14 September 2007

Financial crisis of 2007–2008: The Northern Rock bank experiences the first bank run in the United Kingdom in 150 years.

The Financial Crisis of 2007–2008, often referred to simply as the “Global Financial Crisis” or the “Great Recession,” was a severe worldwide economic crisis that occurred in the late 2000s. It was the most serious financial crisis since the Great Depression of the 1930s and had far-reaching economic and social consequences.

Housing Bubble: The crisis had its roots in the U.S. housing market. In the early 2000s, there was a housing bubble where home prices were rising rapidly, driven by lax lending standards and a surge in subprime mortgage lending. Many people who could not afford conventional mortgages were given loans with adjustable interest rates, which led to an increase in home ownership but also a rise in risky lending practices.

Mortgage-Backed Securities (MBS): Financial institutions bundled these subprime mortgages into complex financial products known as mortgage-backed securities (MBS). These securities were sold to investors worldwide as relatively safe investments, given the high credit ratings assigned to them.

Deterioration of MBS: As more subprime borrowers defaulted on their mortgage payments, the value of MBS began to deteriorate. This led to significant losses for financial institutions that held these securities, including major banks and investment firms.

Bank Failures: Some of the largest financial institutions in the world, such as Lehman Brothers, Bear Stearns, and AIG, faced severe financial distress or bankruptcy due to their exposure to MBS-related losses. Lehman Brothers’ bankruptcy in September 2008 marked a turning point in the crisis, causing widespread panic and a freezing of credit markets.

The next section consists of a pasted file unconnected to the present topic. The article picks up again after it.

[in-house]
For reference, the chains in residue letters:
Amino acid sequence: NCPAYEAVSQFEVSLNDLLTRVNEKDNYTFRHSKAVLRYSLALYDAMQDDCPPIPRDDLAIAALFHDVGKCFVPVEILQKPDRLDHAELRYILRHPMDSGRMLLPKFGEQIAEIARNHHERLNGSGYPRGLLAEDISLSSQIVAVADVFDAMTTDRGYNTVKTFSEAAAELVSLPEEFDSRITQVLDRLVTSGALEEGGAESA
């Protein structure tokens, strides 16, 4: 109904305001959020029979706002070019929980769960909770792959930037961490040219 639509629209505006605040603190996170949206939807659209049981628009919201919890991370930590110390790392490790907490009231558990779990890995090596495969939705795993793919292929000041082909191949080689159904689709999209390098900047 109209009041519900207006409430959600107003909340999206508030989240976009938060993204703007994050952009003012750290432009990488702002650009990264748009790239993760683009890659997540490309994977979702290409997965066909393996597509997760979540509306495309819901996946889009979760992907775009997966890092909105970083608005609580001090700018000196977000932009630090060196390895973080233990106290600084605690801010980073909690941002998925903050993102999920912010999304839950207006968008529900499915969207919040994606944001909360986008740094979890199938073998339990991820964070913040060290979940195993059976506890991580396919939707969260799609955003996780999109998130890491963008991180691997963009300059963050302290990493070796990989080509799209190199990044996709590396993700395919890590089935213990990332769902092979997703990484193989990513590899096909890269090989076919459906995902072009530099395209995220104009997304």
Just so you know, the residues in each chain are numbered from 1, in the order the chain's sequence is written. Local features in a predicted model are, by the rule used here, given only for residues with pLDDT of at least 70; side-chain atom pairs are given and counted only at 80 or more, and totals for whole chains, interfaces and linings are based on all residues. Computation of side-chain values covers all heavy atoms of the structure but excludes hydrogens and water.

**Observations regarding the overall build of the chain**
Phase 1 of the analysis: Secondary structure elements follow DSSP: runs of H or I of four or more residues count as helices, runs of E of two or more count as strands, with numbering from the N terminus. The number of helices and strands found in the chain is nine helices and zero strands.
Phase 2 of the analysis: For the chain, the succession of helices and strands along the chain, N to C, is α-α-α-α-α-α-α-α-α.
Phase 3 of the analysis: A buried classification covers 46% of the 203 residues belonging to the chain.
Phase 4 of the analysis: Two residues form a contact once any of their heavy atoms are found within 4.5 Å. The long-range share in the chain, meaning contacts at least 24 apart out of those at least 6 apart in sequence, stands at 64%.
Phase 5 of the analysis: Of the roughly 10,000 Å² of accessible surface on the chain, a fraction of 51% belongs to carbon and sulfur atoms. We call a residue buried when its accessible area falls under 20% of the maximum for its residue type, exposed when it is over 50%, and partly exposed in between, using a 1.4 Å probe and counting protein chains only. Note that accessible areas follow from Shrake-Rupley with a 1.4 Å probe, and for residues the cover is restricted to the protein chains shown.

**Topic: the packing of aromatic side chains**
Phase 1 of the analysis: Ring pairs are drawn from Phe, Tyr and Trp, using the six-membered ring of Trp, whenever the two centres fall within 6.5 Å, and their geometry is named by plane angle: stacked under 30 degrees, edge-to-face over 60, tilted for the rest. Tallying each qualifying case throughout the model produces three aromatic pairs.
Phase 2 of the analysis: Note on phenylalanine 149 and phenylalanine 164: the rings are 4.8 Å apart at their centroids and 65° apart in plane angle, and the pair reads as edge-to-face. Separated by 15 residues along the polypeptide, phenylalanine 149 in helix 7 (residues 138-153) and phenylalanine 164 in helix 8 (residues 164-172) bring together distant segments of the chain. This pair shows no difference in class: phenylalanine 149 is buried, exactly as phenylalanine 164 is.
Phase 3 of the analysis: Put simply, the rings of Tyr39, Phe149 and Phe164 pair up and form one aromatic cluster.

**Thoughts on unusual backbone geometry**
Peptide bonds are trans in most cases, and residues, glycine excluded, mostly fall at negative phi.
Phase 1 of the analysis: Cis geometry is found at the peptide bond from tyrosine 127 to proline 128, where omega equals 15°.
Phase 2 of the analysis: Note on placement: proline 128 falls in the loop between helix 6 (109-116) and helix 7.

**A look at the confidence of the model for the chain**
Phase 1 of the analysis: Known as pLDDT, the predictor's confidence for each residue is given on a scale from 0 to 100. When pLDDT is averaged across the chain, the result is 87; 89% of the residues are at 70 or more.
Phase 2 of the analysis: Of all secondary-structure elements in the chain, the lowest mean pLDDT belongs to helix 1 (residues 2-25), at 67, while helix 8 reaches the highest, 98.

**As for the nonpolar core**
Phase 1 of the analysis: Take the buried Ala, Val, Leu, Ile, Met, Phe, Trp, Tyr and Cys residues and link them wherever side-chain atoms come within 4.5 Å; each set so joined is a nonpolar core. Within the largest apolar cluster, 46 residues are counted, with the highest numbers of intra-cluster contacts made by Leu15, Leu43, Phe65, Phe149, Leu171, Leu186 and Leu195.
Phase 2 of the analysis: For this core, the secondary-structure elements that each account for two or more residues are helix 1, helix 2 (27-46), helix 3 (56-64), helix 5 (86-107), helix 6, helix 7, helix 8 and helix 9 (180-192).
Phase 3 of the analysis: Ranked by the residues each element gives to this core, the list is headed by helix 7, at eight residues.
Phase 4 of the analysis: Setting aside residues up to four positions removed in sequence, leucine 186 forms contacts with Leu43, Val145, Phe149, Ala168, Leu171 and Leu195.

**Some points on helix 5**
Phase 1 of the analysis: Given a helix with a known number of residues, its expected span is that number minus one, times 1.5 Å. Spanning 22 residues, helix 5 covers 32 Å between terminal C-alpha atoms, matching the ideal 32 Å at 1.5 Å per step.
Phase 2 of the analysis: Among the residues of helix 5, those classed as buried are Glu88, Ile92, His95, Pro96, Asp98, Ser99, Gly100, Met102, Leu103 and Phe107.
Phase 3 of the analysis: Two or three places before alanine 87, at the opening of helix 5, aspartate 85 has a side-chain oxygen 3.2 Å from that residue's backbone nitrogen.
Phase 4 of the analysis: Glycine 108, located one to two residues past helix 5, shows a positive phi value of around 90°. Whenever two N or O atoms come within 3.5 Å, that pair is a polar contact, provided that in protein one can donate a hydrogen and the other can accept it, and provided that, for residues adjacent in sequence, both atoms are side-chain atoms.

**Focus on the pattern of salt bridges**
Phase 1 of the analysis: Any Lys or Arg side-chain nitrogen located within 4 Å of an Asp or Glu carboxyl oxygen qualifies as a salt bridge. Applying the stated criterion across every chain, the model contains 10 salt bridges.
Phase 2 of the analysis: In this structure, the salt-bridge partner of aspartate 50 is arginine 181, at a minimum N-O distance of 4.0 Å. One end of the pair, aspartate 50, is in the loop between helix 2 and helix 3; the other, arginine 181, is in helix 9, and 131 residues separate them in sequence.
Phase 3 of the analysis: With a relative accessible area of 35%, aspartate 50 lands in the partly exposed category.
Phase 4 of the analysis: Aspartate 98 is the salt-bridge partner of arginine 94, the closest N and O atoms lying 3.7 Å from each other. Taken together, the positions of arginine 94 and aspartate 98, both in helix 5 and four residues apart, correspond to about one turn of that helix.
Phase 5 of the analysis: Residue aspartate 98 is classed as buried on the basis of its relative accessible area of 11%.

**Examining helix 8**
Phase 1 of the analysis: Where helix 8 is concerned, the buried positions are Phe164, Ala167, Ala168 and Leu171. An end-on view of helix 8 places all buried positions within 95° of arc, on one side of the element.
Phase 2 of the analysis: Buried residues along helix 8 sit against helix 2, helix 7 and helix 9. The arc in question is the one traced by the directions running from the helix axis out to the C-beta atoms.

Credit Freeze: The crisis led to a credit freeze, where banks became extremely reluctant to lend money to each other or to businesses and consumers. This lack of available credit had a cascading effect on the broader economy, leading to a severe economic downturn.

Government Interventions: In response to the escalating crisis, governments and central banks around the world took various measures to stabilize financial markets and prevent a complete collapse of the financial system. These measures included bank bailouts, monetary policy actions, and stimulus packages.

Recession: The financial crisis quickly evolved into a global economic recession. Unemployment rates increased, housing prices plummeted, and many people lost their homes and jobs. The recession had profound and lasting effects on individuals, businesses, and governments.

Regulatory Changes: In the aftermath of the crisis, there were significant regulatory reforms aimed at preventing a similar crisis in the future. The Dodd-Frank Wall Street Reform and Consumer Protection Act in the United States, for example, introduced various measures to increase transparency, strengthen financial oversight, and regulate risky financial practices.

14 September 1808

The Russians defeat the Swedes at the Battle of Oravais.

At the beginning of the war, Swedish forces had retreated to Oulu. They had then managed to repel the Russians and reach Savonia despite the capitulation of the fortress of Sveaborg by the end of summer 1808. Russia recuperated quickly, and by the end of August the Swedish army was again retreating northwards along the coastal road. To avoid being encircled, Colonel Georg Carl von Döbeln was sent in advance to Nykarleby with a brigade. The threat of encirclement was exaggerated, but the Swedish army was at this point showing signs of panic and collapse. On 13 September the army left for Oravais and it halted to await news from von Döbeln, who was fighting the Russians at Jutas. The sound of a cannon was heard in Oravais, and a brigade was sent to reinforce von Döbeln.

The Russian main army had marched from Vasa in furious pursuit of the Swedish forces. The night before 14 September was spent in bivouacs along the road between Vörå and Oravais. The impulsive General-Major Yakov Kulnev’s troops had taken the lead and were the first to make contact with the Swedes.